So back to today’s topic -- a jumping John is when you stand, and reach down with your hands as close to your toes as you can (kind of like curled up in the belly) and then hear someone say, “Are you home?” You stretch out as tall and as fast as you can making you kind of jump and you lift your hands in the air as far as they go - but you don’t clap them like that jack jumper, and you say with happy energy “God has given us a powerful Savior!” and then you bend down again and then when you hear, “Are you home?’ You jump up again and say with happy energy “We can serve God without fear!” (Do this a few times, then get the adults to join in as best they can in the pews) Let’s pray… Dear Father, we are so thankful and excited because you sent your Son Jesus to be our powerful Savior, and because Jesus came to a manger on this earth to save our life, to save us from sin, we can serve you without any fear, and with all our energy and with a lot of joy. Amen. Hand out lifesavers.
Bible Reading Luke 1:35-45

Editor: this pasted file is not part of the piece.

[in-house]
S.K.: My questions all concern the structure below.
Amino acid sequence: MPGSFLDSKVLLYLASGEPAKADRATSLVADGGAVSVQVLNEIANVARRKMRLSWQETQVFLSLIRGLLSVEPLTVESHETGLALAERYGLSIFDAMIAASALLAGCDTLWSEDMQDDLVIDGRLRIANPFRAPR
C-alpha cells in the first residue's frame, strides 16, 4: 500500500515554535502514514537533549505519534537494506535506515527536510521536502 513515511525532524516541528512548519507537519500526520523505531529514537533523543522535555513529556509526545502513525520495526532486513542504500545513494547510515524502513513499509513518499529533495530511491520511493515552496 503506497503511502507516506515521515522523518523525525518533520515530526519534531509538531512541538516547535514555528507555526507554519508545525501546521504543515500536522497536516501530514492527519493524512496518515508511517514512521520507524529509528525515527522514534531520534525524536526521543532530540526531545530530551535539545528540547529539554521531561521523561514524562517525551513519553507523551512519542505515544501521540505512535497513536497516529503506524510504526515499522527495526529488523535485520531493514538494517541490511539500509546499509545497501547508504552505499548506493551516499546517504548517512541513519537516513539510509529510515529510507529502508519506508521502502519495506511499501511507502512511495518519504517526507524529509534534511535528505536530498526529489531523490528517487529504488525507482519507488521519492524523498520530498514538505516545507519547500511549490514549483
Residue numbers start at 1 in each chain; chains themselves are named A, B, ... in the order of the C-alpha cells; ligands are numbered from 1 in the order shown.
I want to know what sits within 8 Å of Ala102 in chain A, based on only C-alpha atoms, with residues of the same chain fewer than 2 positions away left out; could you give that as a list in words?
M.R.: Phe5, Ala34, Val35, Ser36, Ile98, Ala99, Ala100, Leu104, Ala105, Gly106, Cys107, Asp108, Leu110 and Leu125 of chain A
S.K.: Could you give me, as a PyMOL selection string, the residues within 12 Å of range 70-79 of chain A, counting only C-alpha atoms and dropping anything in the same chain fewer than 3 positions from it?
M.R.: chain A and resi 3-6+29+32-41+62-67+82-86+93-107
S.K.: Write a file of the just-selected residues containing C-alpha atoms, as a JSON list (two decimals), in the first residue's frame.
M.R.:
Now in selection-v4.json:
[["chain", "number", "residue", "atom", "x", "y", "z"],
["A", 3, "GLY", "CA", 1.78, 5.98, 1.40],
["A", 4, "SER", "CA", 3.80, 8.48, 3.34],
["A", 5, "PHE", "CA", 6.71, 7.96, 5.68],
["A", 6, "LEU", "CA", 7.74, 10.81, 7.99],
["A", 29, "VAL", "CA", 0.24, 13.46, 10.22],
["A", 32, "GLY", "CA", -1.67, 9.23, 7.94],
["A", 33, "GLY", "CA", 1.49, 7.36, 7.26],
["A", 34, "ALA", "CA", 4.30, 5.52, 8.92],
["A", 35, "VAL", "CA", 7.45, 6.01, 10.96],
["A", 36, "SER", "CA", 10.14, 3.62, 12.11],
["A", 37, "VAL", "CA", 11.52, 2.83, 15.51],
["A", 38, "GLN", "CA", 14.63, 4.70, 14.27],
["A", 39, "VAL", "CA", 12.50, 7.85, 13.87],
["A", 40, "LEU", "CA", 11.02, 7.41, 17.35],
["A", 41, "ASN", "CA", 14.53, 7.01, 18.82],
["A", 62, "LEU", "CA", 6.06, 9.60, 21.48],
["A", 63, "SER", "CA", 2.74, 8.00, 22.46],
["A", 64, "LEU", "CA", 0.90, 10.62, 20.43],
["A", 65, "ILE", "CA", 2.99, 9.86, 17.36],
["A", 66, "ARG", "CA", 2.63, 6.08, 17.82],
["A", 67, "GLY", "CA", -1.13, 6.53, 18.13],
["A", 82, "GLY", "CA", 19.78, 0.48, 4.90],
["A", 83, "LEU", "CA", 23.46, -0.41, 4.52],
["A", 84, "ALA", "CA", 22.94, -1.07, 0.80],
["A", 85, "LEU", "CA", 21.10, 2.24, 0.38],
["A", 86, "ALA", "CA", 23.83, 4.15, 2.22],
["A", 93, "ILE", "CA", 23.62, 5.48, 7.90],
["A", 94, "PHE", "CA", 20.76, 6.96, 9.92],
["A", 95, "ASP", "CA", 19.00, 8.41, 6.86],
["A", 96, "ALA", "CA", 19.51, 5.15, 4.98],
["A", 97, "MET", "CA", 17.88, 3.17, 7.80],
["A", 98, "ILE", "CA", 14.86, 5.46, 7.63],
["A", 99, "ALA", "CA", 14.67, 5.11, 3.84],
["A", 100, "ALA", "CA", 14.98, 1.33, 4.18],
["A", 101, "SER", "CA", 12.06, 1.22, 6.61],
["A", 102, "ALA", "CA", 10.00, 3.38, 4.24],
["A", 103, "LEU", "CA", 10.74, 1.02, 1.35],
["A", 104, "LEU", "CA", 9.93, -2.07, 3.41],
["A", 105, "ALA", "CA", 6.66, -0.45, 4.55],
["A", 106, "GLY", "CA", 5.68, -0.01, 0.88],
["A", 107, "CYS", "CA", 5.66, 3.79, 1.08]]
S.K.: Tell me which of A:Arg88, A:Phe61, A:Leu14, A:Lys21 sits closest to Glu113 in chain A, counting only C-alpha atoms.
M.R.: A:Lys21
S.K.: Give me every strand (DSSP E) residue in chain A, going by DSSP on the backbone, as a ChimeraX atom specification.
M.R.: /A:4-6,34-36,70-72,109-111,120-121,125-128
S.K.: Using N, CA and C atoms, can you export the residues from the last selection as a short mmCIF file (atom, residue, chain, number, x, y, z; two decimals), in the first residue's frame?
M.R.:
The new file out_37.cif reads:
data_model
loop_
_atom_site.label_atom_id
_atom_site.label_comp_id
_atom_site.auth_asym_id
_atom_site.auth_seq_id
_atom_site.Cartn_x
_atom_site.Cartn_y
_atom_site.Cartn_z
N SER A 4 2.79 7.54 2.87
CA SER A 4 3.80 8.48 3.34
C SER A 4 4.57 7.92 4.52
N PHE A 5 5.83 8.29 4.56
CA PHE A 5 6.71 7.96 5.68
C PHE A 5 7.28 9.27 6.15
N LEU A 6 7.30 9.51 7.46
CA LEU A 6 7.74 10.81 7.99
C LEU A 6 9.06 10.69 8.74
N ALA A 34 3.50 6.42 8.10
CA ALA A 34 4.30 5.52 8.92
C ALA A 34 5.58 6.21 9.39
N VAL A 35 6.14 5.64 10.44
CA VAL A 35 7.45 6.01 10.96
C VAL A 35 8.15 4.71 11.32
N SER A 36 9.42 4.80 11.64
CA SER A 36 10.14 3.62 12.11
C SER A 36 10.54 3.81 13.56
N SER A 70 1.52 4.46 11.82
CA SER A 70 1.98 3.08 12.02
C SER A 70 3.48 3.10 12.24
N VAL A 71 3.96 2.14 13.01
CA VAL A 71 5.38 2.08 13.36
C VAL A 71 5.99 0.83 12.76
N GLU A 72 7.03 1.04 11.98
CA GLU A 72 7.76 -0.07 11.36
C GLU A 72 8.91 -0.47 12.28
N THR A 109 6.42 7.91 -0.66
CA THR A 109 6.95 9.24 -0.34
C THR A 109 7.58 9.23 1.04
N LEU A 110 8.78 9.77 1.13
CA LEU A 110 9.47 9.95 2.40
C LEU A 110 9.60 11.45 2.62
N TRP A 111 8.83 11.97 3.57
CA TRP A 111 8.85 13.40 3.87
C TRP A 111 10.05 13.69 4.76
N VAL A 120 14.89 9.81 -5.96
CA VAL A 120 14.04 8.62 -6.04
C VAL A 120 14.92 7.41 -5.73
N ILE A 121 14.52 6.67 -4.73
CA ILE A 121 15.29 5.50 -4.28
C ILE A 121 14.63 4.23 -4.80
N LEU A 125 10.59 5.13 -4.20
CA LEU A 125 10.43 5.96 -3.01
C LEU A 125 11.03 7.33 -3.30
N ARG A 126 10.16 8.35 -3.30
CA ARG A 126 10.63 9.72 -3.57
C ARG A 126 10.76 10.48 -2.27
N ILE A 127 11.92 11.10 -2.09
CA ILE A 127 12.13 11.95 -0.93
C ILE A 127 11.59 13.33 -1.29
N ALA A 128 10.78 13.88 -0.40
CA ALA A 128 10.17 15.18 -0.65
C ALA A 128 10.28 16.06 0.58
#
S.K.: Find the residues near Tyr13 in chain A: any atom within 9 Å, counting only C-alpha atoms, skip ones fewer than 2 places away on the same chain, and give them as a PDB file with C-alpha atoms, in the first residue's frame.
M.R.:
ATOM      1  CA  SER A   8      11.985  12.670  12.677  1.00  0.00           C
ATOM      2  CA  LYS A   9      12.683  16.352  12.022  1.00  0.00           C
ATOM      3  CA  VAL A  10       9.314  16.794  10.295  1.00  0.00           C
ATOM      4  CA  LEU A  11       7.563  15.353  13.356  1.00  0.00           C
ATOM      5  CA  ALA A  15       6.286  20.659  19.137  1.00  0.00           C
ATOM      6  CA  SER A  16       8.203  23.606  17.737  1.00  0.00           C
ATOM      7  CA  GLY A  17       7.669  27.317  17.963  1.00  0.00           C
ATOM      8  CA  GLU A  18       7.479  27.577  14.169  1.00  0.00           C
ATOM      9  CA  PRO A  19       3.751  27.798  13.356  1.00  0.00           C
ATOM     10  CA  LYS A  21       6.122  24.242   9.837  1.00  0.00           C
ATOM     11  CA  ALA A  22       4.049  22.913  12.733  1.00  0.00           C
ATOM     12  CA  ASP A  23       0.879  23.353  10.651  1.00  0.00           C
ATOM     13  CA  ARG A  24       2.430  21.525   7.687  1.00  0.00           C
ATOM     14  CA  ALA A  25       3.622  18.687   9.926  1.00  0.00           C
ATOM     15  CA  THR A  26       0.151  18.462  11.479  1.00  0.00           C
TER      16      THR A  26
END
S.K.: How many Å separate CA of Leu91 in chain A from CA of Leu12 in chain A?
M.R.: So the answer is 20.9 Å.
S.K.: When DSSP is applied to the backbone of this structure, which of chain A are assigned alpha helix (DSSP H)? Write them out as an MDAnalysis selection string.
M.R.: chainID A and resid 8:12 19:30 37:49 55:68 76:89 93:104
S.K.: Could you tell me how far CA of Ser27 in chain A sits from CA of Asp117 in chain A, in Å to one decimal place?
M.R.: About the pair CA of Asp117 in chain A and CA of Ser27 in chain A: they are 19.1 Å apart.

35 The angel answered [Mary], “The Holy Spirit will come on you, and the power of the Most High will overshadow you. So the holy one to be born will be called the Son of God. 36 Even Elizabeth your relative is going to have a child in her old age, and she who was said to be unable to conceive is in her sixth month. 37 For no word from God will ever fail.” 38 “I am the Lord’s servant,” Mary answered. “May your word to me be fulfilled.” Then the angel left her. 39 At that time Mary got ready and hurried to a town in the hill country of Judea, 40 where she entered Zechariah’s home and greeted Elizabeth.41 When Elizabeth heard Mary’s greeting, the baby leaped in her womb, and Elizabeth was filled with the Holy Spirit. 42 In a loud voice she exclaimed: “Blessed are you among women, and blessed is the child you will bear! 43 But why am I so favored, that the mother of my Lord should come to me? 44 As soon as the sound of your greeting reached my ears, the baby in my womb leaped for joy. 45 Blessed is she who has believed that the Lord would fulfill his promises to her!” (NIV)